Part of the Gulf of Mexico became greener after oil spill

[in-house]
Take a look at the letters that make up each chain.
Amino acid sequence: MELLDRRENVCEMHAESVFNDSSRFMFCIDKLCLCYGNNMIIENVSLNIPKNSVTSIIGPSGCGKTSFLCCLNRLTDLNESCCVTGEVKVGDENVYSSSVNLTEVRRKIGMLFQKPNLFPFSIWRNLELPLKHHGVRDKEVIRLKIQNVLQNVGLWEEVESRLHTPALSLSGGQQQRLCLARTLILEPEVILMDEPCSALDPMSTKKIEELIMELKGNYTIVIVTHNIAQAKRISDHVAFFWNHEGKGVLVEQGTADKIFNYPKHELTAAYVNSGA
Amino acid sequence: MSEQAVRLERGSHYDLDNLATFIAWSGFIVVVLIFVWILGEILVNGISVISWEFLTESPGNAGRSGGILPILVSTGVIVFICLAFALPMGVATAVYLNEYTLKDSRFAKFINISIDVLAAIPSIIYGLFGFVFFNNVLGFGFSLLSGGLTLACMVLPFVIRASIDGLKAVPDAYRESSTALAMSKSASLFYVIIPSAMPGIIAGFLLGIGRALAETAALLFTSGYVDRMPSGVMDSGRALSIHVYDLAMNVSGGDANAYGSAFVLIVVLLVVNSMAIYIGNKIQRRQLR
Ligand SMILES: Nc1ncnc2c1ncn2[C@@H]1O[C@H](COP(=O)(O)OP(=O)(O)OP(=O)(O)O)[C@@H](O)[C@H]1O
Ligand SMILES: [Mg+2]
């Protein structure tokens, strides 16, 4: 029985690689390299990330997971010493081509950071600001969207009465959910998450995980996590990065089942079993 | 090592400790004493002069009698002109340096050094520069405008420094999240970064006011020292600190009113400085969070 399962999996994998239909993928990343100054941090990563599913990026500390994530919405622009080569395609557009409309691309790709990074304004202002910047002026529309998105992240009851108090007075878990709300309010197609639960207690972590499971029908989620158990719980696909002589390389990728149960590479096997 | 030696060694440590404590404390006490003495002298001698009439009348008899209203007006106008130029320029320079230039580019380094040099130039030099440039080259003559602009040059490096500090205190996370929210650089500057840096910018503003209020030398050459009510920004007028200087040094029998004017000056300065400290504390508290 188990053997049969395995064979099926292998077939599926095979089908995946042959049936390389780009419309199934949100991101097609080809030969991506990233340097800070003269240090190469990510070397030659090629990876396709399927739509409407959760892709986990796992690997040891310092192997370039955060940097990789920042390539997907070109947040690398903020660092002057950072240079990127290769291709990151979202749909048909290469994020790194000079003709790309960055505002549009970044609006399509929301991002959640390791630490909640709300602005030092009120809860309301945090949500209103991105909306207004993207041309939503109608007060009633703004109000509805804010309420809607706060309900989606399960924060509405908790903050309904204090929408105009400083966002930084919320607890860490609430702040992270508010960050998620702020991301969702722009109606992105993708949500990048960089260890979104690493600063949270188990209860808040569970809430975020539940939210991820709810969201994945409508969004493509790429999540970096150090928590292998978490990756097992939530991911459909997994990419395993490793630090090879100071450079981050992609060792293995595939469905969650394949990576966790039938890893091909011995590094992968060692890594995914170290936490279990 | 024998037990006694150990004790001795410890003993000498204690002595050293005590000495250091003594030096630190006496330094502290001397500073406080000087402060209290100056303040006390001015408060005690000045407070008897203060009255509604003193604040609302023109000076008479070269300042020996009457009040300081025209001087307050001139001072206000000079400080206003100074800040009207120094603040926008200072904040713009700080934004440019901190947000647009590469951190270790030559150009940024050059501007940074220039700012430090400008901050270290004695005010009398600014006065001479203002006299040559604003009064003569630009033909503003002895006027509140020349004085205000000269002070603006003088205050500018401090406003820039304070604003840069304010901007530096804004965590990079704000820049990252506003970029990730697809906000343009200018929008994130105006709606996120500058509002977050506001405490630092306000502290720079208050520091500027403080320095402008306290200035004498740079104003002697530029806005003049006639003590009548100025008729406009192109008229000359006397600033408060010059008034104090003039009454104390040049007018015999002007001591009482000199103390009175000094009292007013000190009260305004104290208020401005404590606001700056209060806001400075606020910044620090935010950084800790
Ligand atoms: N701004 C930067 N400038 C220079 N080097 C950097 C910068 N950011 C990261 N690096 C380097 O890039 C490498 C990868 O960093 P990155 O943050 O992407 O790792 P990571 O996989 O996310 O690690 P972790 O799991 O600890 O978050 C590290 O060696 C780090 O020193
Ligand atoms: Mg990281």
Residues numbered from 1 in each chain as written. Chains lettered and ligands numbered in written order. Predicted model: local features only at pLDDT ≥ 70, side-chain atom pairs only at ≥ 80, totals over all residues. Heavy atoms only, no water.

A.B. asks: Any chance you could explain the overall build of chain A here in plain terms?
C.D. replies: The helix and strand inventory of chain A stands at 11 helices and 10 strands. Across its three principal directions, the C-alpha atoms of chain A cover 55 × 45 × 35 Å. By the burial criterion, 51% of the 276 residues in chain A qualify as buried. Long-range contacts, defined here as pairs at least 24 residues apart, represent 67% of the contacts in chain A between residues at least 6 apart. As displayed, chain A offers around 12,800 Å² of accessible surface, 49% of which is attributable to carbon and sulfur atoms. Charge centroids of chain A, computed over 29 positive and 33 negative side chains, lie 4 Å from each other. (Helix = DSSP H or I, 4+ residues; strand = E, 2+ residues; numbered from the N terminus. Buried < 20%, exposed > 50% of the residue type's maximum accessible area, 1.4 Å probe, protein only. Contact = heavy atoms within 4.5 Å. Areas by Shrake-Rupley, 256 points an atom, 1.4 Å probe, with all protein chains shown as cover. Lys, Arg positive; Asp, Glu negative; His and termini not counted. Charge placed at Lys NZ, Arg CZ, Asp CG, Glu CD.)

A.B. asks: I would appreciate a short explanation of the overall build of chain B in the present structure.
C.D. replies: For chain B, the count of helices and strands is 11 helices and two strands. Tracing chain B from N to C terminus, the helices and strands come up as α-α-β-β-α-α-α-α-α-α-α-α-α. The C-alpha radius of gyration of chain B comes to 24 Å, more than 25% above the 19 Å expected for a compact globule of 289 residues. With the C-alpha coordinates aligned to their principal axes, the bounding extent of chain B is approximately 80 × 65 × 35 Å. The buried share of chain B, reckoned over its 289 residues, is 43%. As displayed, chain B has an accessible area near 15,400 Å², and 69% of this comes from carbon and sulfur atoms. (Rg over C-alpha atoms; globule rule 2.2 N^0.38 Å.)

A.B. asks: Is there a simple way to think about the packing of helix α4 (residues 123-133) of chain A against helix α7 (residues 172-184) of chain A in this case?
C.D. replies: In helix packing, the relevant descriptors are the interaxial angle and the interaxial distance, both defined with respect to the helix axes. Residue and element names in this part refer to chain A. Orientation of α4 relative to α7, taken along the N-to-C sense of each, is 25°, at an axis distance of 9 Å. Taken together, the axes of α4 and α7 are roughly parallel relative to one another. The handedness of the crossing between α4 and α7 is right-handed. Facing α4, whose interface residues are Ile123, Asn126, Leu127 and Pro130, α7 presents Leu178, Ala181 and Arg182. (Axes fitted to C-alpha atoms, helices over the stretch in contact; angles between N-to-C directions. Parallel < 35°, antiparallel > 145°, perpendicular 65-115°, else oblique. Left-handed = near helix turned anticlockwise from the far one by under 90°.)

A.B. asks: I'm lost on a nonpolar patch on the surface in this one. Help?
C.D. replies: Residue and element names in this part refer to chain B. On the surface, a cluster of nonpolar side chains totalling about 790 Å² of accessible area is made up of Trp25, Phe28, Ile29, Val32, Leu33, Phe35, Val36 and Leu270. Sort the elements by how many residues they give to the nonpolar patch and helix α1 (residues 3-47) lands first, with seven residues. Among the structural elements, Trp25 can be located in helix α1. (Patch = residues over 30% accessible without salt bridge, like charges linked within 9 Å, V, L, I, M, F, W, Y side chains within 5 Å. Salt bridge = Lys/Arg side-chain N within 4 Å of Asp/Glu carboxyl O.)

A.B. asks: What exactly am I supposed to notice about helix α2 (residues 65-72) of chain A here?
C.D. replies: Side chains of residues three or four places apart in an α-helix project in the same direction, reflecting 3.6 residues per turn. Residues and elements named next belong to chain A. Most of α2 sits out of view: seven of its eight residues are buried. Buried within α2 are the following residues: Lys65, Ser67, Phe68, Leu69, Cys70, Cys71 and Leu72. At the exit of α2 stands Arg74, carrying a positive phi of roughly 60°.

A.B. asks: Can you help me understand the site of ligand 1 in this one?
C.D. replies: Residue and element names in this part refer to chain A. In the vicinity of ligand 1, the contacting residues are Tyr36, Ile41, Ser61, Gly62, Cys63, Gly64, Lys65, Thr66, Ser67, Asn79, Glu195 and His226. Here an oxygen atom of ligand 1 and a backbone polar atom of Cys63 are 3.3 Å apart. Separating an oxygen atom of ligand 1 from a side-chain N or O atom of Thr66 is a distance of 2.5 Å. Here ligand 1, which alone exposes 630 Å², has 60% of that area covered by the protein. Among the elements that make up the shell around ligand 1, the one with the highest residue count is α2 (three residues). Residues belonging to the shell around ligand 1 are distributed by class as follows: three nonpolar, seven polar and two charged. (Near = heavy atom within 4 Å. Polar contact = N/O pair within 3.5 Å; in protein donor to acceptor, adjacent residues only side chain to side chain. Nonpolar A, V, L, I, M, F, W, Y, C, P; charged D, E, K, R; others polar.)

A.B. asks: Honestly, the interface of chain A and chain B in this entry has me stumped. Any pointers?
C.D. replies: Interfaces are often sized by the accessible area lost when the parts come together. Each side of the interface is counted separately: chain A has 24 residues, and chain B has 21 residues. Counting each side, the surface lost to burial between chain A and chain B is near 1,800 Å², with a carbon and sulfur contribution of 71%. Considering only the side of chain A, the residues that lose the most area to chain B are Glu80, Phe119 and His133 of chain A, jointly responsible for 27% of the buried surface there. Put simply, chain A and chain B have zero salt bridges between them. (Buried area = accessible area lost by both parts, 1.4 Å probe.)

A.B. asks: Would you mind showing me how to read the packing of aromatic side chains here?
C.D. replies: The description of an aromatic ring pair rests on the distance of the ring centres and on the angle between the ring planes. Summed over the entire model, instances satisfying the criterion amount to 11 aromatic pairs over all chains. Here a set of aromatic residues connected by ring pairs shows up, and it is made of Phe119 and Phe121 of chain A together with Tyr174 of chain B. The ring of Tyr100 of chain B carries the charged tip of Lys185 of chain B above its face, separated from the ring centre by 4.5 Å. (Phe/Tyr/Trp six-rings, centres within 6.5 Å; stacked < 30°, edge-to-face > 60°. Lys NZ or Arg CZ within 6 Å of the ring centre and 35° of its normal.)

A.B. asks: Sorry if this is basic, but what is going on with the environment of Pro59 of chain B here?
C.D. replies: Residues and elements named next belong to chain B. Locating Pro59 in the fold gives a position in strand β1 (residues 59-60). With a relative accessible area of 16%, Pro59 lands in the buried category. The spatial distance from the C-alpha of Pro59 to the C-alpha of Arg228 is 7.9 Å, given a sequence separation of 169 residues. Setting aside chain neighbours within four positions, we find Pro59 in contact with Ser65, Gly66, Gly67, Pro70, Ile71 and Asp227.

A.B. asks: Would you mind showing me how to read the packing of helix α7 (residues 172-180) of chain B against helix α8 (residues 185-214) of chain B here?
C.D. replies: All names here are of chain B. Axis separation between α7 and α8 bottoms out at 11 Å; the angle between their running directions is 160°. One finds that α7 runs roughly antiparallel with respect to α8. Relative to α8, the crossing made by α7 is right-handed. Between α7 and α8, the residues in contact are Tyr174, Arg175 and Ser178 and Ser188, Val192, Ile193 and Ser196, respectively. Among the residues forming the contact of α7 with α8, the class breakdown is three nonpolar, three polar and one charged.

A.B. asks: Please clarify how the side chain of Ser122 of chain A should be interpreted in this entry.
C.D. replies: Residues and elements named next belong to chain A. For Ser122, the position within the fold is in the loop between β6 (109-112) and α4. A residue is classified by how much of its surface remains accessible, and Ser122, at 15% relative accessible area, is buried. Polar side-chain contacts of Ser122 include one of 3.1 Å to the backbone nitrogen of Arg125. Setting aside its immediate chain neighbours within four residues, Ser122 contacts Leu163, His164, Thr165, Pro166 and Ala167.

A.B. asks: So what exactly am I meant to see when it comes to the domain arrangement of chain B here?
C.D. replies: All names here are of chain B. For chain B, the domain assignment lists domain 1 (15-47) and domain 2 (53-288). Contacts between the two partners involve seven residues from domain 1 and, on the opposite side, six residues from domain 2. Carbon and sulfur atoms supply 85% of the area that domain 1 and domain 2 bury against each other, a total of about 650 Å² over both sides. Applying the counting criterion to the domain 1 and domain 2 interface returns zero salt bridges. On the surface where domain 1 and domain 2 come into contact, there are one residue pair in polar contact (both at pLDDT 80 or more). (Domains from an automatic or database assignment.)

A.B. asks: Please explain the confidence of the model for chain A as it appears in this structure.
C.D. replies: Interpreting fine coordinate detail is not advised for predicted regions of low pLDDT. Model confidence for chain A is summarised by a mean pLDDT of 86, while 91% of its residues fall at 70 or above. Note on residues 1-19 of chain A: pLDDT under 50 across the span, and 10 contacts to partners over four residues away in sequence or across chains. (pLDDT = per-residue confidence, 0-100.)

[1] Biological changes have been observed in the northeastern Gulf of Mexico since the April–July 2010 Deepwater Horizon oil spill, the largest offshore spill event in U.S. history. To overcome the difficulty of lack of sufficient field sampling data for a region-wide impact assessment, Hu et al. used multiyear satellite measurements of ocean phytoplankton's “glow” under sunlight to document the surface ocean's biological changes. They observed that during August 2010, several weeks after the leaking oil well was capped, an area stretching more than 11,000 square kilometers in the northeastern Gulf of Mexico was especially green, caused by increased phytoplankton biomass. The area was greener than it had been during any previous August since 2002. The researchers' analyses of ocean circulation and other oceanographic and environmental data indicate that the increased greenness was probably caused by the oil spill. Their findings highlight the unique value of satellite technology in observing changes in the ocean as well as the need for an integrated and sustained ocean observing system. (Geophysical Research Letters, doi:10.1029/2011GL047184, 2011)